“Hiring people without the necessary skills and qualifications to be successful in your business will only hurt you when you’re forced to recruit, hire and train other employees later in the season because the under-qualified ones didn’t work out,” Yearout says. “If you aren’t getting quality applicants, then refine or expand your recruiting efforts or borrow employees from other locations until you do find them.”

There is no right way to develop the wrong person.

Contact them quickly. Your applicants are probably applying to several employers for their summer job. Once you’ve chosen an applicant, tender the job offer quickly and encourage a rapid response so you can snag them before the competition does.

“I recommend that managers emphasize the benefits of getting a summer job lined up early so that students don’t have to worry about employment and can concentrate on finals at school,” Yearout says.

No train, no gain. Don’t let seasonal workers “practice” on your customers because you hurried orientation or development.

“Seasonal employees should be offered the same level of orientation and training that the regular staff is afforded,” Yearout says. “Make sure to stagger your hires, properly schedule your trainers, and order enough training materials ahead of time so that everyone is ready and able to do their jobs properly. If your operation does not have enough sales to prepare trainees for the volume prior to the start of the busy season, consider training them at another location that tends to be busy all year-round so they can get a better sense of what their jobs will be like when the busy season does begin.”

Thorough orientation separates high performers from low; and it’s better to find out during training that someone is unqualified. Finally, invest as much time in your company’s culture, mission and values training as you do to for your skills training.

Flexibility is key. If you target high-school or college students for your summer positions, you may need to accommodate their desire for a summer job with the reality that it’s their vacation time, too. This means being flexible with your—and their—schedule whenever possible.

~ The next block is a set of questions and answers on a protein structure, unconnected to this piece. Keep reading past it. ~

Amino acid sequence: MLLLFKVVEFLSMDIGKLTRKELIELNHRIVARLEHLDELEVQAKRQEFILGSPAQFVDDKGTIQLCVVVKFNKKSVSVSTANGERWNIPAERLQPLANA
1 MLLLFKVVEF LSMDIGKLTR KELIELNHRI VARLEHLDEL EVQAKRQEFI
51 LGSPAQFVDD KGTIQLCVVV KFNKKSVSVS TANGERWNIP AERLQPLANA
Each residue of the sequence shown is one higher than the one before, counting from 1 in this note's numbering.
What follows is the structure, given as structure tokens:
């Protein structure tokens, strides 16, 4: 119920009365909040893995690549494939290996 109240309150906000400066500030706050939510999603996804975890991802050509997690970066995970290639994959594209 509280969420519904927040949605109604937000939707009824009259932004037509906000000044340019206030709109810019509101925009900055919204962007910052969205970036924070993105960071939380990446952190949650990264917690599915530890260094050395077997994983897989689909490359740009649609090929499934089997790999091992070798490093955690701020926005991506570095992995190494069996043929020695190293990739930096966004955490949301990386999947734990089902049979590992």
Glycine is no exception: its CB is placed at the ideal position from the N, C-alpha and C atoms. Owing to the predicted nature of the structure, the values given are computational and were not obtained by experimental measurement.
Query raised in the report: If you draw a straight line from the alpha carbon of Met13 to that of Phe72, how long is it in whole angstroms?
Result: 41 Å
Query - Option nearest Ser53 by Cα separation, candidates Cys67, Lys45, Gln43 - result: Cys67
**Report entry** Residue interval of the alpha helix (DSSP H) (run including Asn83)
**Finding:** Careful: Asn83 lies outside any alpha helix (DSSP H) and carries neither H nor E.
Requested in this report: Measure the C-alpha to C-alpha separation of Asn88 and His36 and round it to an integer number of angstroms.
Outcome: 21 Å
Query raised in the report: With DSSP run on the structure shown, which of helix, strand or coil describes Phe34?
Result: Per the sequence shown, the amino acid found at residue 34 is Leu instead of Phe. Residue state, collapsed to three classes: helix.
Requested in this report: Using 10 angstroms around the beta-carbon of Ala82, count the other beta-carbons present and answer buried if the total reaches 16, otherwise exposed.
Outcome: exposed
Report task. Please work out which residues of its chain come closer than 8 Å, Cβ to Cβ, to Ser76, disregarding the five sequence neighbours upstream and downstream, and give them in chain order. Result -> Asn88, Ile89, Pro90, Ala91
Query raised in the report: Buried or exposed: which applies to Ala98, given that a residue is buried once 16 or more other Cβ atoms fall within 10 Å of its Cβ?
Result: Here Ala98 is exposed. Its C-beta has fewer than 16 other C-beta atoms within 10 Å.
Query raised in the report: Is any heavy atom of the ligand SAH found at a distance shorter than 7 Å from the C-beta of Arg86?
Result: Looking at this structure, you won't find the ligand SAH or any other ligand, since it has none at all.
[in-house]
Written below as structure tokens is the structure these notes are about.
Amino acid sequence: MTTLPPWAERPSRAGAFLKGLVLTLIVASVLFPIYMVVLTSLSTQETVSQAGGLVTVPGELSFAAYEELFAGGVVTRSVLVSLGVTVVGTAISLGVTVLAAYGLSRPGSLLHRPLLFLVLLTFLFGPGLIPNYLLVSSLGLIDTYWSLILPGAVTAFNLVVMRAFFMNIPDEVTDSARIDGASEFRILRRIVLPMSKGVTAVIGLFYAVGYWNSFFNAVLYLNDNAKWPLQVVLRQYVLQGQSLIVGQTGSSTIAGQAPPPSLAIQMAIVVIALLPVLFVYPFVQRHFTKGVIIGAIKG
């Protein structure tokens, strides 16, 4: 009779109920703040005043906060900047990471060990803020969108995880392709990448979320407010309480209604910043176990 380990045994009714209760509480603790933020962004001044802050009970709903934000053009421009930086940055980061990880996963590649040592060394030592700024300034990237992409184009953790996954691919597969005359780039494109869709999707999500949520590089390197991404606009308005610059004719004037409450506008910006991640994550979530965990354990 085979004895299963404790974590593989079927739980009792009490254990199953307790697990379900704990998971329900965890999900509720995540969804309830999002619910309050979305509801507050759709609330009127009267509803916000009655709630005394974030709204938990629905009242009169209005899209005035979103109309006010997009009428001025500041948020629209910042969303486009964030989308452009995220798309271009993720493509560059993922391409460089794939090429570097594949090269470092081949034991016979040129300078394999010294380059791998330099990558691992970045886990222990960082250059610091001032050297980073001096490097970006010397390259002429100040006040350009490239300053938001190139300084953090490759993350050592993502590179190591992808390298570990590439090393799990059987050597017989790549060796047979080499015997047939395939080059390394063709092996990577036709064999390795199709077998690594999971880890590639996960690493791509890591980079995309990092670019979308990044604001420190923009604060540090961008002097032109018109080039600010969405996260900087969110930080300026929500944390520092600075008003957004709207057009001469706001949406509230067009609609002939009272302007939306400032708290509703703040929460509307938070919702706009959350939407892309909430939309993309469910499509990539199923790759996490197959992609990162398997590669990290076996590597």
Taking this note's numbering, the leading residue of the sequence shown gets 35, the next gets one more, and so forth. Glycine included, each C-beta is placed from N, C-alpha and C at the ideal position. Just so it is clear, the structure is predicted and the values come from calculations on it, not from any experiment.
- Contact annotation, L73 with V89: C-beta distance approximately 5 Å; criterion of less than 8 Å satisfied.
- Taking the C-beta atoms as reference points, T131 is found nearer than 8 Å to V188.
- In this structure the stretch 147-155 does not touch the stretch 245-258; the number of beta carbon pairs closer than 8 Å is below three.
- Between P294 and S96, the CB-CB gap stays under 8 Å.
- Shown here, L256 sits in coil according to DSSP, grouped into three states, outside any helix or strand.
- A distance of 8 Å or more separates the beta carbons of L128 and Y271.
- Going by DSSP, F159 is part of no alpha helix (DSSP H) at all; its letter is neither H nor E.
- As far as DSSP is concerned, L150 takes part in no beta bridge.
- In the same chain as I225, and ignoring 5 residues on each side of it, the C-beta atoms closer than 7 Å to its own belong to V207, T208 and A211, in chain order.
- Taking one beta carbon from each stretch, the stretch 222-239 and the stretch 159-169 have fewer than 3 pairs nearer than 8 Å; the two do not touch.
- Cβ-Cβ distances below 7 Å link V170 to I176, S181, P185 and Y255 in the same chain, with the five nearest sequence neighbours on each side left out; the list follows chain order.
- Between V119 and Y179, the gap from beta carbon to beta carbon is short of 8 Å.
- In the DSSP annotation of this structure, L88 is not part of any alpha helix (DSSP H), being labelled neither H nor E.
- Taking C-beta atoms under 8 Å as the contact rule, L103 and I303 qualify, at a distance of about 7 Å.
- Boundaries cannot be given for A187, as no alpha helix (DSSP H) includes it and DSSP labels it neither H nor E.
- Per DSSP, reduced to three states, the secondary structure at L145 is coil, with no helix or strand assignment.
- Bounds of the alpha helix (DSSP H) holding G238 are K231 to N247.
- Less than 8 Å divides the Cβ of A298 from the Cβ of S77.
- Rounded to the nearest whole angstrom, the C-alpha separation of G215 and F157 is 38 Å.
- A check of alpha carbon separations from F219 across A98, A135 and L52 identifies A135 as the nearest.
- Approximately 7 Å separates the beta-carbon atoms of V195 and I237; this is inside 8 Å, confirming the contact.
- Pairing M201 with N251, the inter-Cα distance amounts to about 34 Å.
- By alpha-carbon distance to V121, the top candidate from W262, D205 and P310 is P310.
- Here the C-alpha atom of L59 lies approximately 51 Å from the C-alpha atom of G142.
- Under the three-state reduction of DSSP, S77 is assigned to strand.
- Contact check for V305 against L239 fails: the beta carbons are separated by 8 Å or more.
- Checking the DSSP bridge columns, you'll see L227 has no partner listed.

Stay in touch and re-recruit during every shift. The best way to find good summer help next year is to retain the good seasonal help you had this year. Consider re-allocating some of your seasonal recruiting budget into incentives for returning workers. Stay in touch with high performers throughout the year via e-mail, postcards or social-media sites. Ivar’s recommends sending personal notes, birthday cards, the company newsletter, signing them up for your company’s Facebook page, tweeting them with company updates, and inviting them to company holiday parties. Make them feel part of the team. But the most effective retention tool of all may be how well the seasonal team member is respected and treated during their stay.

“The manager can’t let the stress of busy days affect their attitude and treatment of employees,” Yearout says. “They must bring positive energy and appreciation to the restaurant every day and create a fun, team-oriented and involved workplace. If the staff looks back fondly on their summer job, then it will be no problem getting them to come back next year.”

Cast a wider net. The restaurant industry is hardly unique in terms of needing or hiring seasonal employees to handle a traditionally busy peak period. Consider the ski industry, cruise lines, landscaping companies, amusement parks and even your local shopping mall. Toys R Us alone hired 35,000 seasonal workers in November 2008. Search the Web for best practices from these seasonal recruiting veterans and adapt the best ideas to your company. If you’re still finding it difficult to recruit locally, hiring foreign workers or international college students may be an option. Do a Google search for third-party companies that can help you find skilled international workers. Many hospitality companies use these firms with great success.

Have other great ideas on seasonal hiring, recruiting and retention? Send me an e-mail at [email protected] and we’ll add it to an expanded version of this article at NRN.com .